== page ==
The woman came up to me afterward along with a friend. “I’m Linda Cheney, from Praise Cathedral,” she said. “This is Tracy. We’re looking for a woman to sponsor for the Walter Hoving Home in New York, a recovery program for prostitutes. How about Melissa?”

“I don’t think she’s your girl,” I said. “Melissa, she doesn’t want to recover.”

Linda slipped me her card. “Call me if anything changes.”

“All right,” I said. “But I doubt it will.”

There I was again, the hard-nosed cop.

I stuck Linda’s card in my desk drawer. I probably would have forgotten about it, except for a few days later. My team cornered a prostitute and her client in a rubble-strewn lot off Forty-eighth Avenue. It was Melissa. I turned and walked away. I had a sick feeling in my stomach. Melissa was looking at hard time now. At least 10 years. She was barely in her 20s.

“She wants to talk to you,” one of my officers said.

I walked over slowly and leaned into the window of the squad car. Melissa was hunched over in the backseat, her hands cuffed behind her. I didn’t say anything. Just stood. What was there left to say?

She stared at her feet. “I think … ,” she began. She lifted her head. Those big brown eyes looked straight into mine. “I think I need help.”

My instincts said, don’t trust her. Crackheads use anybody and anything to get what they want. She was in deep and she knew it. She’d say anything. Drugs strip you of your soul. I thought about the first time we’d busted her. She told my guys she knew me. Why? She didn’t have to. Had that been a cry for help? That one part of her the streets hadn’t claimed? Was it enough? “I’ll see what I can do.”

Back at the precinct, I fished Linda Cheney’s card out of my desk and called her. “I think I found one for you,” I said. “I’ll take it from here,” she replied.

She called back the next day. “The Hoving Home will take her,” she said. “My church will cover the plane tickets and fees. All we need now is the judge’s approval.”

“I’ll talk to the prosecutor, but don’t get your hopes up,” I warned her. “You’ll have to convince the judge that Melissa wants to turn over a new leaf.”

“Tracy or I will testify,” Linda said. “We met with Melissa in jail this morning. She told us she’s accepted Jesus. She wants to start a new life. That’s why she asked you for help.”

Don’t kid yourself, lady, I wanted to say. But I kept my mouth shut. I would have to testify at Melissa’s trial. You don’t lie on the stand. I wasn’t going to say anything I didn’t believe, no matter what Melissa claimed. What if she was sincere, though? Linda and Tracy believed her, but they were church ladies. Turned out the prosecutor was on board. What about me? What did I believe? I wasn’t sure.

The judge was a real hardliner. He scowled at Melissa as the bailiff led her into the courtroom. He was ready to send her away right then.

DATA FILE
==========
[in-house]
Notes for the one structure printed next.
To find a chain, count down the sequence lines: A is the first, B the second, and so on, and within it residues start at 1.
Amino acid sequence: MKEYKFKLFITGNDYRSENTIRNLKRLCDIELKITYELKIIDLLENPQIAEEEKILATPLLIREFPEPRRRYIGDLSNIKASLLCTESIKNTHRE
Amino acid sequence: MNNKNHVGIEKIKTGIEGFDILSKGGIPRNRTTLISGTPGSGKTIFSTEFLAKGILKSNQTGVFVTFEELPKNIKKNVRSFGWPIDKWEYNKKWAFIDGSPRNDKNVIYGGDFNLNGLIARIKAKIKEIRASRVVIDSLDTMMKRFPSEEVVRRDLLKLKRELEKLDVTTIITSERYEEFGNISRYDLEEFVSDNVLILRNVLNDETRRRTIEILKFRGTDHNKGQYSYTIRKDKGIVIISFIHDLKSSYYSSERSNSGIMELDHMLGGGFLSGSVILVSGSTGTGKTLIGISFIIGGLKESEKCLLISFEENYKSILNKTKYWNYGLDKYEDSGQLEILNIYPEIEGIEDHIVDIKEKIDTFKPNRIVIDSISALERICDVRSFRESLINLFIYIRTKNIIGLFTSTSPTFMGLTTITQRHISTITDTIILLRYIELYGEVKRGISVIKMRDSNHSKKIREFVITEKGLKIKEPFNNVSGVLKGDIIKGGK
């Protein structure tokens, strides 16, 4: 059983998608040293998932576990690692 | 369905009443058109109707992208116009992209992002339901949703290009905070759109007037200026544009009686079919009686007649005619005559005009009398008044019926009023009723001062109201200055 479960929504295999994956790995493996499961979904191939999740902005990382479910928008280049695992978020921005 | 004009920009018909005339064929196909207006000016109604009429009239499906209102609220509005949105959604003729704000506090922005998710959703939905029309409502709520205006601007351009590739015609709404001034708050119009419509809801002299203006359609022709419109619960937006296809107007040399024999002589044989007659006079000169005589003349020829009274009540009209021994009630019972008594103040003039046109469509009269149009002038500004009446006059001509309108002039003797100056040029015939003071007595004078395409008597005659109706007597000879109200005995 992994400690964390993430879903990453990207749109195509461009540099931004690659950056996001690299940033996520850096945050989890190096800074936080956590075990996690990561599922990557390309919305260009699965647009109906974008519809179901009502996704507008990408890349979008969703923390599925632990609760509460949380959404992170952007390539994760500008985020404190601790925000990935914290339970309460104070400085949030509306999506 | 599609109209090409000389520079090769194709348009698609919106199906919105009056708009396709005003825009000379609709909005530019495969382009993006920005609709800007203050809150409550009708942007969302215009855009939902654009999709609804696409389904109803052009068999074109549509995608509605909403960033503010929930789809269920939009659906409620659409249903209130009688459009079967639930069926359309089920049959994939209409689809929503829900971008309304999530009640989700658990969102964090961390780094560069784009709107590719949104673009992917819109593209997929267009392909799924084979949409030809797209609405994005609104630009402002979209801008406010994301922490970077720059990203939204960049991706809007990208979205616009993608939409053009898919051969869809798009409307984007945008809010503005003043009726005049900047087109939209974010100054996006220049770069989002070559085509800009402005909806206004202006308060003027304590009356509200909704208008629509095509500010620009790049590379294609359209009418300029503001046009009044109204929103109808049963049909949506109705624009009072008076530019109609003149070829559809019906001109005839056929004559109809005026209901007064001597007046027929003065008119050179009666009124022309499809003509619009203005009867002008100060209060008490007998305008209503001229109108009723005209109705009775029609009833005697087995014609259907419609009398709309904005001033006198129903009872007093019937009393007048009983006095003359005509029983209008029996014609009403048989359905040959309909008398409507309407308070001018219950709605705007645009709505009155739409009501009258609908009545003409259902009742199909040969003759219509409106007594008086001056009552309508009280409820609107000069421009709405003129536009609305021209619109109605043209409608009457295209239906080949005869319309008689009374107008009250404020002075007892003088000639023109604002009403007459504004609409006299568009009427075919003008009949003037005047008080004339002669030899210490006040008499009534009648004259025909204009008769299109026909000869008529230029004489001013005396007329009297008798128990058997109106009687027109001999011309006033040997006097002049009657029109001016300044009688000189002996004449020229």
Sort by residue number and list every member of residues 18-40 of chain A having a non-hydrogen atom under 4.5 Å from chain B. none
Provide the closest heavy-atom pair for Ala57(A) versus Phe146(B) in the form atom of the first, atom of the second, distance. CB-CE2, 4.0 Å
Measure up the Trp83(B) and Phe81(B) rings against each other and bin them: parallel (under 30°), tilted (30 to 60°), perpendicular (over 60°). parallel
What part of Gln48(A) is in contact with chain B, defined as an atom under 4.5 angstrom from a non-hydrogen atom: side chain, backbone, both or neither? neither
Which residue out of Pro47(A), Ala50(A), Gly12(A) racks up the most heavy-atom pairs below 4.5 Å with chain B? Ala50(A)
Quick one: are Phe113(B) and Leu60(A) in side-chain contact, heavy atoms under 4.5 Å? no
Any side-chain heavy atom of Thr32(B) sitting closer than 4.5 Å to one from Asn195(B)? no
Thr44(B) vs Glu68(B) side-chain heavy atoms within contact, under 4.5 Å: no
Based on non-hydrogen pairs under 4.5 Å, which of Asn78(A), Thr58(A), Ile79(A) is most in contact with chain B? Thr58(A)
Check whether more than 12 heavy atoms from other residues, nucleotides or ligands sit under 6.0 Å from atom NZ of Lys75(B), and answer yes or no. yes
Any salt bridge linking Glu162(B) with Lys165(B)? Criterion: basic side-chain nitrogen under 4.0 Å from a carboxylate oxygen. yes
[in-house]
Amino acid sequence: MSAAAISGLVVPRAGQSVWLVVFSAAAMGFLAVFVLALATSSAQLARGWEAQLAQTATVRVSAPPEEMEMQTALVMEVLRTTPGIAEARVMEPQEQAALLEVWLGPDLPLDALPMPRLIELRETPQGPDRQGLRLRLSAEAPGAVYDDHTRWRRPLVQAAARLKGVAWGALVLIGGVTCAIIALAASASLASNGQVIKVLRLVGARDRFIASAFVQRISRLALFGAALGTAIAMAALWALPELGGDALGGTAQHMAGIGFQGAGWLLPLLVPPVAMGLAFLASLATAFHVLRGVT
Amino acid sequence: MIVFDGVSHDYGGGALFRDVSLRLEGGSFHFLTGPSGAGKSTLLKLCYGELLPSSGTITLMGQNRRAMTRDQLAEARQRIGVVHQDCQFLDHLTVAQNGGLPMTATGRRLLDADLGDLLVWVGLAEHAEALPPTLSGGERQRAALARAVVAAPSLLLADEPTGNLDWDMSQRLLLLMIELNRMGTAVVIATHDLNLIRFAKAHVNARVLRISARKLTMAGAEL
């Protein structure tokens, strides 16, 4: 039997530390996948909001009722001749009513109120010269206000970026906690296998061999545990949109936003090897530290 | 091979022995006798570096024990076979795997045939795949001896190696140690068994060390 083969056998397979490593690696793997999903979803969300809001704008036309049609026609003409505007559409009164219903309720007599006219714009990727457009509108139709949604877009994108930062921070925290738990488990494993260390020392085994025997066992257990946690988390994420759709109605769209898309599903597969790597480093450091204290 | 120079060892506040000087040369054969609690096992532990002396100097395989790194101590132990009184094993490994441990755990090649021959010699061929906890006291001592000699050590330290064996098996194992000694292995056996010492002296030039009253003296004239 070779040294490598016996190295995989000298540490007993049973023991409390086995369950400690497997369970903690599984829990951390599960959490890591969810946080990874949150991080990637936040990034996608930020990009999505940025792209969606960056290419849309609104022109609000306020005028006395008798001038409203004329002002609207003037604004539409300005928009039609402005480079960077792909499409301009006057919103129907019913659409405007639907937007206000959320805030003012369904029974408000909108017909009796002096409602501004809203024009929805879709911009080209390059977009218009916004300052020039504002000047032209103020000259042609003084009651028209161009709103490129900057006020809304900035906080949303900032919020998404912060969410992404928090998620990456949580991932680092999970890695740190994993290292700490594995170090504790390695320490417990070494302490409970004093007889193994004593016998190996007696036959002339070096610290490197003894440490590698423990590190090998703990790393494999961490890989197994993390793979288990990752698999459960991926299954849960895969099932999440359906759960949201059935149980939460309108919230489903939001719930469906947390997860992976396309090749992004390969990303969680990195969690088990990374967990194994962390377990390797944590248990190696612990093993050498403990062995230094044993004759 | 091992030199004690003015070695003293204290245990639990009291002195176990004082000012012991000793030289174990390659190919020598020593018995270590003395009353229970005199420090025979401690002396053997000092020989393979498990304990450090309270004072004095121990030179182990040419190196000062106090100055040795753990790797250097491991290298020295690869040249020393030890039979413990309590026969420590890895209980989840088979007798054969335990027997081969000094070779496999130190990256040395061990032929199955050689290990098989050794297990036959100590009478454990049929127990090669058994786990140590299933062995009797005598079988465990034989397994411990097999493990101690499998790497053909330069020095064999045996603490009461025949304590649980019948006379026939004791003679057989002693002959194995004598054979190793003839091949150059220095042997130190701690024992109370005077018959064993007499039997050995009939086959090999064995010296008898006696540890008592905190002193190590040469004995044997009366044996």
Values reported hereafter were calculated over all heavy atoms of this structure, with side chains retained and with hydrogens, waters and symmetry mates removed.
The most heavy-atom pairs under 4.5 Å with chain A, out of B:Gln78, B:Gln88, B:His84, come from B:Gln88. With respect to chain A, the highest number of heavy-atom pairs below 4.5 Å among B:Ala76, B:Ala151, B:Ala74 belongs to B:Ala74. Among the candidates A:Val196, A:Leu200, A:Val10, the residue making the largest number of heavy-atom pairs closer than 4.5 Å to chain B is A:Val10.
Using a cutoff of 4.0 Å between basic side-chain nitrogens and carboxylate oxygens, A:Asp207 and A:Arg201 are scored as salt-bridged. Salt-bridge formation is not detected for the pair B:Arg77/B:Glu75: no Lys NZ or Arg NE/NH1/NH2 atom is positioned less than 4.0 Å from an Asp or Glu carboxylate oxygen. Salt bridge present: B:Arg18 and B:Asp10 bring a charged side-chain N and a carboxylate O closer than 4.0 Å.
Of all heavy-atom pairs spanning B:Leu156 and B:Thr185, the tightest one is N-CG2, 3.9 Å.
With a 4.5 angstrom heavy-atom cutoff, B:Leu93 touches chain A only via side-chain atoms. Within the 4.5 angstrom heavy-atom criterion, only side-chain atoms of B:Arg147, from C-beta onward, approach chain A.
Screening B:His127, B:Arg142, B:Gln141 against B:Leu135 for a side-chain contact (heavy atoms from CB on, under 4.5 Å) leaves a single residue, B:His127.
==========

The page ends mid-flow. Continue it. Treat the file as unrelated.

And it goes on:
“Your Honor,” the prosecutor began, “the state recommends that Melissa Collora’s sentence be commuted to treatment at the Walter Hoving Home in New York. A church group is willing to sponsor the treatment.”

The judge looked incredulous. Tracy took the stand. She spoke of Melissa’s faith conversion and said she believed it was sincere. “Who are we to know what is truly in a person’s heart?” she asked.

The judge looked at her. “If I had a nickel for everybody who comes into my court and says they’ve changed their lives, I’d be a rich man.”

I was next. The judge fixed me with his sharp eyes. “Your Honor,” I said, “if I had a nickel for everyone who tells me that they’ve changed their lives, I’d be a rich man too.”

“So what makes this young woman different?” he countered.

“It’s my understanding,” I continued, “that Melissa Collora has had a transformation. I believe faith can change lives. I believe it can change Melissa’s.”

There was dead silence in the courtroom. Finally the judge spoke.

“I’ve never seen anything like this,” he said. “A veteran police supervisor testifying on behalf of a prostitute?” He turned to Melissa. “Young lady, I was going to sentence you to ten years. I commute your sentence to treatment at the Walter Hoving Home. A lot of people are sticking their necks out for you—me included. Do not violate this trust. Don’t blow this chance. It’s your last one.”

He banged his gavel and Melissa was led away.

Melissa called me from Linda’s cell phone on the way to the Hoving Home. “Tim, I just want to thank you … ,” she started to say. Then the signal faded. I didn’t need to hear anymore. What I did for her wasn’t much, but I think it was the best thing I could have done. Even a vice cop can’t go through life letting it harden him. Maybe that’s where I’d changed. I believed in her.

It’s up to Melissa now. And to the One who made sure our paths kept intersecting until we both saw what he did—a young woman with a whole new life ahead of her, a life in him.

This story first appeared in the July 2004 issue of Guideposts magazine.